But what is crowdfunding? Crowdfunding is a way for new startup companies to raise money to be able to literally ‘kickstart’ their company. Companies will come up with ideas, whether its an invention, a service, a movie, album, sculpture or whatever, and they will pitch it to the Kickstarter audience in limited time campaign. In the campaign they’ll give you all the info you need to know – where your money is going, how long it will take to produce, what the final product will look like and heaps of other useful information.
The reward-based model means that by contributing towards the fund, you will ‘mostly’ get something in return. I say mostly because it doesn’t always work out, but a bit more on that later. With watch Kickstarters, most of the rewards will actually be one of the watches. As a microbrand watch creator, you need a certain amount to be able to fulfil the MOQ’s (minimum order quantities) of the watch producer, and so Kickstarter is the perfect platform for raising funds to do this. What it essentially boils down to is a pre-ordering service where a group of interested people invest to get something made.
Earlier I said mostly because Kickstarter campaigns don’t always work out. 9% of all Kickstarters that successfully fund, fail to deliver their rewards. Campaigns that ask for small amounts (under US$1000) are the most likely to fail, while campaigns requesting $10,000-$50,000 are the most likely to succeed. Watch Kickstarters generally fall into this later funding goal amount.
It’s usually the ridiculously too-good-to-be-true campaigns that don’t deliver their promises. Currently there is a miniature underwater breather apparatus on Indigogo that’s raised $840,000. There is no way that they will be able to deliver this to their backers. I’ts scientifically impossible, but people are falling for it.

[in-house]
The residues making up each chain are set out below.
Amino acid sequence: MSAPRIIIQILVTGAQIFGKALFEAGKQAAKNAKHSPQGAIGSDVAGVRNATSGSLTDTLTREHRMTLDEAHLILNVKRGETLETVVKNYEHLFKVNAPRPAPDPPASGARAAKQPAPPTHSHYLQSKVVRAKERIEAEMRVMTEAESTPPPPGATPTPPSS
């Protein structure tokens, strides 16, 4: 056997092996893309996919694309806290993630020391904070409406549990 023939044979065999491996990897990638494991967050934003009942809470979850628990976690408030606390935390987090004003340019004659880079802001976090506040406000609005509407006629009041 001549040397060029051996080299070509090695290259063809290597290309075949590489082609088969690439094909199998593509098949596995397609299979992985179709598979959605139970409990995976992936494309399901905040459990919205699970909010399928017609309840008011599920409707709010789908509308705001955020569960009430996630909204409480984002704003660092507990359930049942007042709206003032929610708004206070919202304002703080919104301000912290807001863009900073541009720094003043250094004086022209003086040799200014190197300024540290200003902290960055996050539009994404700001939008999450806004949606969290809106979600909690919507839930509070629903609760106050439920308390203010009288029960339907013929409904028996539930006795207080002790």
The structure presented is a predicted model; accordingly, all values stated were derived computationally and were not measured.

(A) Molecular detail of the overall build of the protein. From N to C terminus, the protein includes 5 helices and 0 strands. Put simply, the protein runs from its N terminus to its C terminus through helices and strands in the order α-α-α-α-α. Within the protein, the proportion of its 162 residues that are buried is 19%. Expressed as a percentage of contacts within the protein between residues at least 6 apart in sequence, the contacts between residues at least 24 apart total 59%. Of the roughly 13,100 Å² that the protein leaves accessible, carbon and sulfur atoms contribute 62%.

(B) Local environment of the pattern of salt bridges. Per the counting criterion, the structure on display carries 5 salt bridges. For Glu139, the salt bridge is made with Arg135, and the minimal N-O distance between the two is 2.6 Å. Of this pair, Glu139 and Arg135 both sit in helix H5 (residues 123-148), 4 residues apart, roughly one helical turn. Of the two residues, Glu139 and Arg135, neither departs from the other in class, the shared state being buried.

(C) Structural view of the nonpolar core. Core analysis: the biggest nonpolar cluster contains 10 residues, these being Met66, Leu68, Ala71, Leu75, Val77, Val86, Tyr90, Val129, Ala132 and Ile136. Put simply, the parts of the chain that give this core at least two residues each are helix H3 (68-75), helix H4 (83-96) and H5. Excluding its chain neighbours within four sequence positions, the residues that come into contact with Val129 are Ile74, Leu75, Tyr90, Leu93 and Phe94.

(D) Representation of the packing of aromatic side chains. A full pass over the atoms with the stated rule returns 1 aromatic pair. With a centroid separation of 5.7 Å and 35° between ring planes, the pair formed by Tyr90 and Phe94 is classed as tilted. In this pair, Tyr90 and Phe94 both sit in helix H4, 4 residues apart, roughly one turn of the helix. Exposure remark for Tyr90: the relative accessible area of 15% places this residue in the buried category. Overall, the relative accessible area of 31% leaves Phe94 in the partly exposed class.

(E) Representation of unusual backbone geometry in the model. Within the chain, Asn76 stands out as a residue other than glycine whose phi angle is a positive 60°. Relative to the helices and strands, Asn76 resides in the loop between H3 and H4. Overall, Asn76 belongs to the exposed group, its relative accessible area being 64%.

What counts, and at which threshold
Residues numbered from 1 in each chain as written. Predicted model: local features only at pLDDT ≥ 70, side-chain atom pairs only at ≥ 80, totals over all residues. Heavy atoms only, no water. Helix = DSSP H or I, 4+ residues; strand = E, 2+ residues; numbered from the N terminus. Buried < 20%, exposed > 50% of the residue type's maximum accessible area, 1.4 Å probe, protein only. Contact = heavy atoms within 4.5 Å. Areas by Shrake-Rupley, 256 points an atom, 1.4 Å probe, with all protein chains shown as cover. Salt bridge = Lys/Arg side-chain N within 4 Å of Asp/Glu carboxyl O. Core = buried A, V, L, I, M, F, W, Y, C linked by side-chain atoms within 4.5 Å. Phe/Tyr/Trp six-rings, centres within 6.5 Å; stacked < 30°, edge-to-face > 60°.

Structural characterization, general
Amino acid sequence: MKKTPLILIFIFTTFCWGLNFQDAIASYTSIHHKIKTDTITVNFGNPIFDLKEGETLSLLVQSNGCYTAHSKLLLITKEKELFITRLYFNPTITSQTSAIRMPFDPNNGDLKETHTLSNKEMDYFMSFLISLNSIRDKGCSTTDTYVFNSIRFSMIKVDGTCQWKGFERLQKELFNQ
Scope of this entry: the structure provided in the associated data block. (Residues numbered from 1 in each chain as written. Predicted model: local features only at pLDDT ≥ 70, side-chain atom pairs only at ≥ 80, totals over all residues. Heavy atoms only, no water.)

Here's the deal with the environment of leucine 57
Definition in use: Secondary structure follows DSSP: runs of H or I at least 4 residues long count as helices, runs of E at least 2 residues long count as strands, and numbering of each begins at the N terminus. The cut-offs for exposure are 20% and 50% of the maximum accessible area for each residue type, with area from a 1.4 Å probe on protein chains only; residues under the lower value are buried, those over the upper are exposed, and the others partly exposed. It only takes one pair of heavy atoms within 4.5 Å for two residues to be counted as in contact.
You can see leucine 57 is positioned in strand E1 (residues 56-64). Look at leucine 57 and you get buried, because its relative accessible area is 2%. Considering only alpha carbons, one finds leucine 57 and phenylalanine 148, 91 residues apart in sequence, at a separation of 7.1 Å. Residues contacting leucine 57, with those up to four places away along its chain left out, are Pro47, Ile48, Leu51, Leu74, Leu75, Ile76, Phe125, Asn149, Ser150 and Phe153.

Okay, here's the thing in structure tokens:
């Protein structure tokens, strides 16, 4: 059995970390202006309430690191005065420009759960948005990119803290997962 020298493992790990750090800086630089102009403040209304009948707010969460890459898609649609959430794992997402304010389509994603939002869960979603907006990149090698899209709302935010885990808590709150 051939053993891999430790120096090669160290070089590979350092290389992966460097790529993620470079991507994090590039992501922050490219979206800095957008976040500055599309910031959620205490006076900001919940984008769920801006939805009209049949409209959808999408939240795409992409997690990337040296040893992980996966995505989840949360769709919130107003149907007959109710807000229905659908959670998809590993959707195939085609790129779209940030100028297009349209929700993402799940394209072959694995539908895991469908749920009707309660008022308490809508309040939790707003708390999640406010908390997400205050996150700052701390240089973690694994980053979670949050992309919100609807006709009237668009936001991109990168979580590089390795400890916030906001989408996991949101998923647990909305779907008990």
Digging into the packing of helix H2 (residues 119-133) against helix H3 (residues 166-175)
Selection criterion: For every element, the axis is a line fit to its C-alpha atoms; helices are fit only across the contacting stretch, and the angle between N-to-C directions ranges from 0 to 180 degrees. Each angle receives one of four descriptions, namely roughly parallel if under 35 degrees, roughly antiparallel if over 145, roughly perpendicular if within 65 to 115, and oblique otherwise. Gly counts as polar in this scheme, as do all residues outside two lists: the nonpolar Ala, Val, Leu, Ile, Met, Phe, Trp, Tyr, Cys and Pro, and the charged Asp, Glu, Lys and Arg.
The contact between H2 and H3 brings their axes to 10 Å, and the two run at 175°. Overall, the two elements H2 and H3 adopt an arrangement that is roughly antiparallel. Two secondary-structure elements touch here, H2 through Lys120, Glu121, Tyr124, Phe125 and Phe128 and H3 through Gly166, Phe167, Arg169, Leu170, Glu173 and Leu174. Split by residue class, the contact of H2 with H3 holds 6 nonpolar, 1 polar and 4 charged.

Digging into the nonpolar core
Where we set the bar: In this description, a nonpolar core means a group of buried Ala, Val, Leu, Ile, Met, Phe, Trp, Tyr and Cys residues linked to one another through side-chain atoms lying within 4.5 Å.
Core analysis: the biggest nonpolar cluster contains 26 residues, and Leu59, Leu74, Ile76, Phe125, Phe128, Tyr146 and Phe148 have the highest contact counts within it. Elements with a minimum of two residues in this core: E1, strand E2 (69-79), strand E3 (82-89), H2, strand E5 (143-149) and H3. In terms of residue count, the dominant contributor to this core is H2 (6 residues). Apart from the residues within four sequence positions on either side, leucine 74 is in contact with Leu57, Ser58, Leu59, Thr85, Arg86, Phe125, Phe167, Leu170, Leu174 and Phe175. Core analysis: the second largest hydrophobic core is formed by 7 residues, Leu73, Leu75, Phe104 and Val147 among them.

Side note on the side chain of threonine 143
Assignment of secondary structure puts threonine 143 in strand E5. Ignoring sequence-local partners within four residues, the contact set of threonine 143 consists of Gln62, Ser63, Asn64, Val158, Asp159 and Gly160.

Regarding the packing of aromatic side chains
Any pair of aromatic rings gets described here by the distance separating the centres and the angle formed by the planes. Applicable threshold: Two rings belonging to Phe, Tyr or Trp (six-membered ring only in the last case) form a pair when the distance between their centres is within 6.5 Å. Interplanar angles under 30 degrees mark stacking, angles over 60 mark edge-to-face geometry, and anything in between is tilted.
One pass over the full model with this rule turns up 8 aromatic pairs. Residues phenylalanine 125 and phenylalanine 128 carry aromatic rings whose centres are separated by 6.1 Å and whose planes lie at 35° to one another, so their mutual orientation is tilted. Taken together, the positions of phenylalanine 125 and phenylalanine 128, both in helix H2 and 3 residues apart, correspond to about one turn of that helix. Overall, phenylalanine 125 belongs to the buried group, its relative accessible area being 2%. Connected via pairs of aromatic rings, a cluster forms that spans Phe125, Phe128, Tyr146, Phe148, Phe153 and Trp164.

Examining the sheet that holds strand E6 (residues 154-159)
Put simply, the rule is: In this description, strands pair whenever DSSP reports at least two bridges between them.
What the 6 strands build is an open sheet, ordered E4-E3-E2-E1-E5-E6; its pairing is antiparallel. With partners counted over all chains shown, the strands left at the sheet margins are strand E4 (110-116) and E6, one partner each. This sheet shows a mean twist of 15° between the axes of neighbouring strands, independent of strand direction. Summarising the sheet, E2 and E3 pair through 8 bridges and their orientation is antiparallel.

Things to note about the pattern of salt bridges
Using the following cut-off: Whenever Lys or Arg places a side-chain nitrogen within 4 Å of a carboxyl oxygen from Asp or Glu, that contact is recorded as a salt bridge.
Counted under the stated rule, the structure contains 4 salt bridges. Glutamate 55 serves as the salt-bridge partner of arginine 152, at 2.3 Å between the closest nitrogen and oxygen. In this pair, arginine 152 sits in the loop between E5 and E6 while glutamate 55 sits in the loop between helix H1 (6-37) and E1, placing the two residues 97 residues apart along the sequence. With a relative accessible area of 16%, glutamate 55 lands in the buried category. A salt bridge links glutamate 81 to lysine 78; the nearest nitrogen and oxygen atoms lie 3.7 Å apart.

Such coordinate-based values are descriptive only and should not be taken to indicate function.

Watch Kickstarters almost always successfully deliver their rewards, because they are not that far fetched. It’s easy to go from a working prototype to full scale production, all you need is the upfront funds to meet the MOQ’s. There is always the possibility that the rewards wont be delivered on time. This can be a real issue for many Kickstarter campaigns, but I think with proper communication, and keeping the backers (people funding the campaign) in the loop, can alleviate some of this tension.
So why do people fund Kickstarters? Because they love to get involved in the community of it. Its a very social way of being involved with a new company. You get to chat directly with the creator and often have direct input into the project. As a backer you become very involved (sometimes actively) in the process of creating and building something. Campaigners will send out regular updates, informing backers of new developments, and key milestones, and the anticipation that builds up till final shipping is electric! You also land up with something that is unique and made with loving care and attention to detail.
Here are a few Kickstarters that are currently running if you are interested. Watch the videos, get involved, get inspired and help someones dream come true!